Edit: Found it - https://www.hkispa.org.hk/139-urgent-statement-of-hkispa-on-...
This outrage came after some top pro-Beijing politicians said that declaring an emergency situation is still on the table, by doing so, it would allow the government to block certain internet services.
Pro-Beijing politicians always use harsh language. The same way PLA officers hinted that the PLA could be deployed in HK if requested by the government.
Dictators can cut off social media apps, even cut of Internet access. But they risk turning more people out in the streets if they cut the power.
Who's the authority on the identity of a recipient? Do you exchange something out of band (for example a QR code) first? How do messages get routed? How do messages behave under constant network partitioning and healing? Does it use your GPS location for network topology purposes? etc etc
there is also an open mesh for routers if you have the hardware and propensity look at openWRT and find a mesh add on for it find out what routers you have available to flash it onto and then you will have a MESH node.
@HN Crowd - is there something I could do to prepare for possible censorship? I was thinking of mesh Internet over the air, something like DN42 but over wireless links
I think that it might be possible to adjust the app to accommodate the esp32 mesh using the mesh security to identify it.
Obv. not had time to look at the details, but you could start with this and the bridgefy SDK?
EDIT: To clarify, I'm concerned about what could happen if China cuts HK off from the Internet.
I'm thinking up scenarios of how China can do a modern Tianamen and get away with it.
I'd be happy to conclude that it isn't possible, but I'm not sure if I might be forgetting something...
A drone will act as a receiver/relay for the phone signal, and then triangulate the phone's location.
Or put an optical repeater at your target (bombable) site and install a long run of fiber to your safe location, which you then have to abandon. Doesn't seem very practical to me.
What's interesting is how quickly China has reacted to all this, in terms of pumping massive disinformation onto Twitter/Facebook/Youtube. There have to be upper limits on scaling that capability. And that is where China's weakness lies. The more they scale their Stasi bullshit the more likely we see a Chinese Snowden/Manning sooner or later.
What's important compared to other apps is that the protesters self selected it. If the US government were to provide some funding the next step would to build higher powered repeaters that can be placed on top of tall buildings. Can you imagine a city wide communication system for pro-Democracy forces in Hong Kong or Teheran?
Nice sentiment, but technically counterproductive for mesh networks. Wide coverage nodes create/suffer the “hidden transmitter problem”. Mesh performance degrades overall. Smaller footprint repeaters, and more of them, are a better solution.
> Nice sentiment, but technically counterproductive for mesh networks. Wide coverage nodes create/suffer the “hidden transmitter problem”. Mesh performance degrades overall. Smaller footprint repeaters, and more of them, are a better solution.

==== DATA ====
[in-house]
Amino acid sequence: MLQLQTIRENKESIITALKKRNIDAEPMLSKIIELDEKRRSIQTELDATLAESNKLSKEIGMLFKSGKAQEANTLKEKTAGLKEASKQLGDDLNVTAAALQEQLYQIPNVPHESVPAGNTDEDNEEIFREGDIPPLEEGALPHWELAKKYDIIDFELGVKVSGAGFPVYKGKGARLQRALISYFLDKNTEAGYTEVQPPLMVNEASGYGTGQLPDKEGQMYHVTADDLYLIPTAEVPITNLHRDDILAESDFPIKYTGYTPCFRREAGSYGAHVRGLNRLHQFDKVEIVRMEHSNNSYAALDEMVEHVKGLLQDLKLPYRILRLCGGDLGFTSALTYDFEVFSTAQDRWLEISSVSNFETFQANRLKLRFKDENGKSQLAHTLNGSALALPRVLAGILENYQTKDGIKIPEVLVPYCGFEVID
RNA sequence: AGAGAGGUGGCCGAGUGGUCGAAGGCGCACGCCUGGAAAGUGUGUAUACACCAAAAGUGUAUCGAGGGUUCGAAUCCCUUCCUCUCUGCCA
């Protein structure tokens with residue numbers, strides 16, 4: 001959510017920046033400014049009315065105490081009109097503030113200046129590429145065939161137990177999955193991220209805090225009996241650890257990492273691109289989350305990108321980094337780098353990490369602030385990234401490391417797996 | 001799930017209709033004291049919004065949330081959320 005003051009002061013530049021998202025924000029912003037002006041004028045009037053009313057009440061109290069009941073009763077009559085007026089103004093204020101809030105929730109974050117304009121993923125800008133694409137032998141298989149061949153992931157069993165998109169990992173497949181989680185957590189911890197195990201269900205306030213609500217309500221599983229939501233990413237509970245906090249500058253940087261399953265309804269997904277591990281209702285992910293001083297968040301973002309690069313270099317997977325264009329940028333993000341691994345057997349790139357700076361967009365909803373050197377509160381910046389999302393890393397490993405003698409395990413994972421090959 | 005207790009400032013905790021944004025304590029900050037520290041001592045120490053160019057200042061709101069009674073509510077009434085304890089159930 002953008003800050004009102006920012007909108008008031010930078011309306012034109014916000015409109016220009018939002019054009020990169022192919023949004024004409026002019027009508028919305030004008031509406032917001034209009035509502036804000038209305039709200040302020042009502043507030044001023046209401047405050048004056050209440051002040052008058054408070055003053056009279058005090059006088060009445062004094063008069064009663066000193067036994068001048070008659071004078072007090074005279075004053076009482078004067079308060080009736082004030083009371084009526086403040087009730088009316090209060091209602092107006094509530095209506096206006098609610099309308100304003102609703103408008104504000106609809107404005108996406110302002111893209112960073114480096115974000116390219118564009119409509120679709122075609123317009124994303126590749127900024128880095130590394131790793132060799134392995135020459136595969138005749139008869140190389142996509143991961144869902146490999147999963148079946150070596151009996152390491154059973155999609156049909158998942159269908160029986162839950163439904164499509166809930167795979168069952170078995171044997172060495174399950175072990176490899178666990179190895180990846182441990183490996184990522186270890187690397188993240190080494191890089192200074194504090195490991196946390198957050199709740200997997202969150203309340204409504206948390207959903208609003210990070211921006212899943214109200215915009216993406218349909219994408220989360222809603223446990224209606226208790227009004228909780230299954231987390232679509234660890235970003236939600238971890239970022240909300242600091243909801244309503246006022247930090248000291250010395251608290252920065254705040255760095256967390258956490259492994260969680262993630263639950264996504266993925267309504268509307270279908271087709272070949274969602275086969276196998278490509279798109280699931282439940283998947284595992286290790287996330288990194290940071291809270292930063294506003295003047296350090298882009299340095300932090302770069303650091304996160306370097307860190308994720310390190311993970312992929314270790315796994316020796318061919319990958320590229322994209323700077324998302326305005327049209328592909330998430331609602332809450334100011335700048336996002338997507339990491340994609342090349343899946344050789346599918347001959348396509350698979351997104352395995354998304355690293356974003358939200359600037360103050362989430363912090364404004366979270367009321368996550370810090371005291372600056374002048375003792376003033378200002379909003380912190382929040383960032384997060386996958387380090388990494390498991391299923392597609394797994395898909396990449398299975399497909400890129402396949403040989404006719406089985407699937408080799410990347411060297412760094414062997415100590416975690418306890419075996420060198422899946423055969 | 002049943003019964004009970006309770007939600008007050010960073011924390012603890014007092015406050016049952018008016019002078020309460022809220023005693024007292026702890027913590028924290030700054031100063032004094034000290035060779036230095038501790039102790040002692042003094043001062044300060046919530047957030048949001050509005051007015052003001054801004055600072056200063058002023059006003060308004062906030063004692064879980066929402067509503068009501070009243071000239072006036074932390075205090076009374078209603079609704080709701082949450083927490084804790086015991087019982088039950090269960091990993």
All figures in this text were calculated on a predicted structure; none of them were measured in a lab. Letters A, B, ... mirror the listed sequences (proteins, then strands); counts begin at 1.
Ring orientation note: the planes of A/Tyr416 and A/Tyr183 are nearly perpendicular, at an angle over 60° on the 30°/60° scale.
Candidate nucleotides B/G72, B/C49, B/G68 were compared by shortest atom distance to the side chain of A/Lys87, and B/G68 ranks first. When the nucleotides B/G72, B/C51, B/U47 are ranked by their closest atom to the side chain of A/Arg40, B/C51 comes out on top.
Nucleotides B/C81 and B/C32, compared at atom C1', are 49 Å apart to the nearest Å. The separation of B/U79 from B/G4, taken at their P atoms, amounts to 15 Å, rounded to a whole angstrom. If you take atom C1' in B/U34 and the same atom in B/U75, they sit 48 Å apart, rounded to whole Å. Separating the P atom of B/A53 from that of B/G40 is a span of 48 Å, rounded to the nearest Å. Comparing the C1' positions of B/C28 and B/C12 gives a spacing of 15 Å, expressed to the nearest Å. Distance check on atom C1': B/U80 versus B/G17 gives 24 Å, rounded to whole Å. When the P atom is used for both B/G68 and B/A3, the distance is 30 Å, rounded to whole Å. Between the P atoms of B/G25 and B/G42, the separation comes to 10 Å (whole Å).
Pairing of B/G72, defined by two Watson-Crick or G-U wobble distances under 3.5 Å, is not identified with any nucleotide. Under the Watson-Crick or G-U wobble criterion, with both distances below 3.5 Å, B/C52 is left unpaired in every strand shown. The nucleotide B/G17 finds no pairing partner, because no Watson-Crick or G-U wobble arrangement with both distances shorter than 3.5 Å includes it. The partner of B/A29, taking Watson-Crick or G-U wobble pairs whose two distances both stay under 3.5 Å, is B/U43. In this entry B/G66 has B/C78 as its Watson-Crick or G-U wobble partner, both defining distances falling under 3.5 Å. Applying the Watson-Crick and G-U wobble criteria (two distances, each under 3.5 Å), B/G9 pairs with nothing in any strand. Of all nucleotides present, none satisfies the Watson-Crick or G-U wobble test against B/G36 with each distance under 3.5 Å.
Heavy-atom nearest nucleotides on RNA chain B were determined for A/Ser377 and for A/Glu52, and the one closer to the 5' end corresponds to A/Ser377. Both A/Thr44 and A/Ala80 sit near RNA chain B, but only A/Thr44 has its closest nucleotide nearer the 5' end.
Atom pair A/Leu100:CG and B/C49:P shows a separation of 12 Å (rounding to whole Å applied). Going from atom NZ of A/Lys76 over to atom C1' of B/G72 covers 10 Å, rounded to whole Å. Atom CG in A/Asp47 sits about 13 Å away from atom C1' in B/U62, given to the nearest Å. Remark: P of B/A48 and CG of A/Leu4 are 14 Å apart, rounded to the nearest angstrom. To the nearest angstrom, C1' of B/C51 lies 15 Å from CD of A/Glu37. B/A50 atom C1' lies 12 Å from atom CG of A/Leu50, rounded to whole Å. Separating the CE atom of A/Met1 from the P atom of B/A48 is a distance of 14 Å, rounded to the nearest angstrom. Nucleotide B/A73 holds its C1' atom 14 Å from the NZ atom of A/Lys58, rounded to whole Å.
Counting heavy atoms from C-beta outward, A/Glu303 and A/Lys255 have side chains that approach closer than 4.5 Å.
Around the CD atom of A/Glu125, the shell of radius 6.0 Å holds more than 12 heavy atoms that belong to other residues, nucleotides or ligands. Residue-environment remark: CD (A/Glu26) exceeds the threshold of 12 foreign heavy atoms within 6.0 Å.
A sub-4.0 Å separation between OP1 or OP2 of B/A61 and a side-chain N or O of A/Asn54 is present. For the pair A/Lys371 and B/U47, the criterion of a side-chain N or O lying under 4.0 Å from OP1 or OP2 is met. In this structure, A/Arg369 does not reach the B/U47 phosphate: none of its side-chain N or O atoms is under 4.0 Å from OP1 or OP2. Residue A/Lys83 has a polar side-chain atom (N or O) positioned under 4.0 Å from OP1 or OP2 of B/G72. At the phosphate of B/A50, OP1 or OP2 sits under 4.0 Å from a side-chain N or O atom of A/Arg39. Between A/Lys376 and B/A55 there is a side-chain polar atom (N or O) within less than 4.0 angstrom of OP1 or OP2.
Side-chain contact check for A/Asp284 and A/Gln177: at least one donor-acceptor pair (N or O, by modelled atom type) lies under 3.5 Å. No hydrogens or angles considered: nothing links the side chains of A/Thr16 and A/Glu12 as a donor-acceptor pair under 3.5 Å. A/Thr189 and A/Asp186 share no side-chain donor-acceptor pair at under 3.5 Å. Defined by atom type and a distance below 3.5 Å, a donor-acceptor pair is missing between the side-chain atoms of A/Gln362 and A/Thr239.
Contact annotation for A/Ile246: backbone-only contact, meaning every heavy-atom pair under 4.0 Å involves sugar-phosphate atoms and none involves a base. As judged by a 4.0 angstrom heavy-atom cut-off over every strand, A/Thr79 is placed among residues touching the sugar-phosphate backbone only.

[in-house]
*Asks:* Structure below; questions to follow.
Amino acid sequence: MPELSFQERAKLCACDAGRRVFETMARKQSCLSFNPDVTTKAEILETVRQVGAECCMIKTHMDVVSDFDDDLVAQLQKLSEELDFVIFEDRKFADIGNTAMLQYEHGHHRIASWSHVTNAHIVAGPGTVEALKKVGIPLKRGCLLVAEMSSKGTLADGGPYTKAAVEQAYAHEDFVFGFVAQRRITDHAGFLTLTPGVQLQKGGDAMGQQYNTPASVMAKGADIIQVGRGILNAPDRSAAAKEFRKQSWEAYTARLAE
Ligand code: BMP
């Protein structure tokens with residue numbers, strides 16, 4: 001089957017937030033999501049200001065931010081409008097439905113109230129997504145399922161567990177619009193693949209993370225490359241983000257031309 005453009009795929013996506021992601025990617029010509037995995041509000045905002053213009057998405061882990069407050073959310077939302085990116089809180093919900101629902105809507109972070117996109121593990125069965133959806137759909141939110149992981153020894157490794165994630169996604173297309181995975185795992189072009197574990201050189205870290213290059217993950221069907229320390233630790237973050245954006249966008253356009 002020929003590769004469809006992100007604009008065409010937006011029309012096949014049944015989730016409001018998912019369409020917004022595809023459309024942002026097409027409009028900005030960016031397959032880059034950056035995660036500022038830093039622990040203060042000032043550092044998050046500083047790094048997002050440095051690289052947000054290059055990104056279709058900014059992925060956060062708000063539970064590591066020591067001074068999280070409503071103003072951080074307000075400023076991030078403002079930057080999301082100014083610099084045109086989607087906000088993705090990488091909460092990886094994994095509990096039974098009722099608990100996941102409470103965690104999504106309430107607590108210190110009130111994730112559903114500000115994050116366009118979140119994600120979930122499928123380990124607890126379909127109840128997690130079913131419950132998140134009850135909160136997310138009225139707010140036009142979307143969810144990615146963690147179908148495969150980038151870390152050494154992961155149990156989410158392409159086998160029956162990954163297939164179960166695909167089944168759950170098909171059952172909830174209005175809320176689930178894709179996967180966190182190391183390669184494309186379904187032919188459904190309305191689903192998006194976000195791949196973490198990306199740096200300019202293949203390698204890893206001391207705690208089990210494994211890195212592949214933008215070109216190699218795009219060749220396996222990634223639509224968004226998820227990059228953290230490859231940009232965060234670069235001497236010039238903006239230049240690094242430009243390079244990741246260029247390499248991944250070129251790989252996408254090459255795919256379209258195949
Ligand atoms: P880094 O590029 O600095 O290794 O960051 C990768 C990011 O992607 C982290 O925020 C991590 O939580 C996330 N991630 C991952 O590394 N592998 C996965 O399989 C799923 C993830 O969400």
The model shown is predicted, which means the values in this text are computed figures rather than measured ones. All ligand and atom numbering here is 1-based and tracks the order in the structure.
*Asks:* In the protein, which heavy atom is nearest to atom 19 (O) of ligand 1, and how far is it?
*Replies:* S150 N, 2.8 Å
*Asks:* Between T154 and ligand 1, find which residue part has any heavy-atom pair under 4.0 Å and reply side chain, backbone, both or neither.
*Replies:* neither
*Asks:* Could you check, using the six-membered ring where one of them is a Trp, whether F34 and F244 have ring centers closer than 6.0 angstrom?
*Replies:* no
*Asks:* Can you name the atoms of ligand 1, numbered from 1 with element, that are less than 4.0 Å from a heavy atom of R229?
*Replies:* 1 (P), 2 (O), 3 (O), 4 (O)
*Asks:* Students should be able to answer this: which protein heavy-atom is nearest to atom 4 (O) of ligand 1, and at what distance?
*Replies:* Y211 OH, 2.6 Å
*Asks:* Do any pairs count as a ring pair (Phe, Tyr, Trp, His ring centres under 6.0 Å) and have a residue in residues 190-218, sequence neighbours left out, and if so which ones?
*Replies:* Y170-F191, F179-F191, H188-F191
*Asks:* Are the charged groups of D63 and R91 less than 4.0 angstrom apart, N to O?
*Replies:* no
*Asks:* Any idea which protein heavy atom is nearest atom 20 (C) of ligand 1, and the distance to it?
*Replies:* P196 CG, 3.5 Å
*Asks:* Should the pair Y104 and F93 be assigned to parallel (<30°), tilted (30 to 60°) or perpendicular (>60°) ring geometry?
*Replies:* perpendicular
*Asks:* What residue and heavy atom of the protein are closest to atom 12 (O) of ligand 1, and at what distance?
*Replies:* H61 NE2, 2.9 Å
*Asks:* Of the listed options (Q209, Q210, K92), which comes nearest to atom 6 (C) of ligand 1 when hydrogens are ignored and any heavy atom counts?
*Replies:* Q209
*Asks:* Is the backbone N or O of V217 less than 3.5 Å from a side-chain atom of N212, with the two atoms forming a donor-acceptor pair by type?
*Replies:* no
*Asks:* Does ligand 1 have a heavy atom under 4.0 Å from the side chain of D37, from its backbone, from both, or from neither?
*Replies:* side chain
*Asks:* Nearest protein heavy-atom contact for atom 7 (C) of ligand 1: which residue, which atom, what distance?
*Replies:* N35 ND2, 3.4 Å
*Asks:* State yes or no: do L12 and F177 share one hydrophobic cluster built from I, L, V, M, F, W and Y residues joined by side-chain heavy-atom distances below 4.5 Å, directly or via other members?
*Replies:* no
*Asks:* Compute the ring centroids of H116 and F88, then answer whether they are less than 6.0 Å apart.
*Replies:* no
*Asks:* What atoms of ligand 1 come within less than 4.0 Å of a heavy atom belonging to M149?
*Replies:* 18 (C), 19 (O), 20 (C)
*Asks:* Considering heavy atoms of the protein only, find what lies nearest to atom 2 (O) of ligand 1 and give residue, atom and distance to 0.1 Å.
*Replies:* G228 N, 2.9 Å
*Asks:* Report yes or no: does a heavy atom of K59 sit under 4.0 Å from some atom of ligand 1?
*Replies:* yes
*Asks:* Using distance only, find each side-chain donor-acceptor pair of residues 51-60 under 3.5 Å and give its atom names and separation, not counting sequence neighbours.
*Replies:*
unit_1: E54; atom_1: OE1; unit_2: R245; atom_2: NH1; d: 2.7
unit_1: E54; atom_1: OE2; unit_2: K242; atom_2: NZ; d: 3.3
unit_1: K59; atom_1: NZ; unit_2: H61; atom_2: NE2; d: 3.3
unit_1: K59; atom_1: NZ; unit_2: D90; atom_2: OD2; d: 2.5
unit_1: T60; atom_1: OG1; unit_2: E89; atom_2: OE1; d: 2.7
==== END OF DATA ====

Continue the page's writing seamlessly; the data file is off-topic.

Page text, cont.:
Could you go into more detail on this/share any readings? As a ham radio operator I have learned this through experience but wonder if there are any papers on this idea.
Basically, you probably already know this, but for others reading along: The RF networking channel differs from a wired net in that not all stations can hear each other. So for stations of relatively equal performance, the stations on the edges do not hear each other and must relay through a station in the middle. It follows that those stations perceive channel busy/clear differently.
With a high level station, first off it hears many more stations so can not transmit into a clear channel as often. Then, when it does transmit, it has a large footprint and prevents channel re-use by several lower-level stations that would otherwise have different locally-clear channels.
No internet being key here.
Situation is two sides of a coin. That said, your comment is not adding to the topic of the app.
Pepe the Frog does not have the far-/alt-right connection here that he does in the US and elsewhere. The image is simply used as something cute and funny.
Molotovs... well, very few if any have actually been thrown at the police, rather than at barriers or police stations. There has been a ratcheting of violence, driven almost entirely by the police, and ultimately the government's complete failure to respond or act to massive peaceful protests. I am strongly in favour of the protests, and while I can't say I agree with every action of the frontliners, I cannot condemn then - I know what they're fighting for and against.
(Some) US cops are terrible. (Many) Hong Kong cops are brutal and out of control. I don't wish either force on either population.
Gibson has since been indicted for felony riot which can carry a term of up 5 years, incidentally.
AFAIK, even in China you're not required to do such except perhaps being a Uyghur in Xinjiang...
However, the PRC government is believed to have full access to popular apps like WeChat, among other surveillance tools.
If I were to do it, maybe I'd just ask phone makers to install such tools as system or ring-0 apps. Why would I give the people a chance to choose whether to participate in my mass surveillance scheme?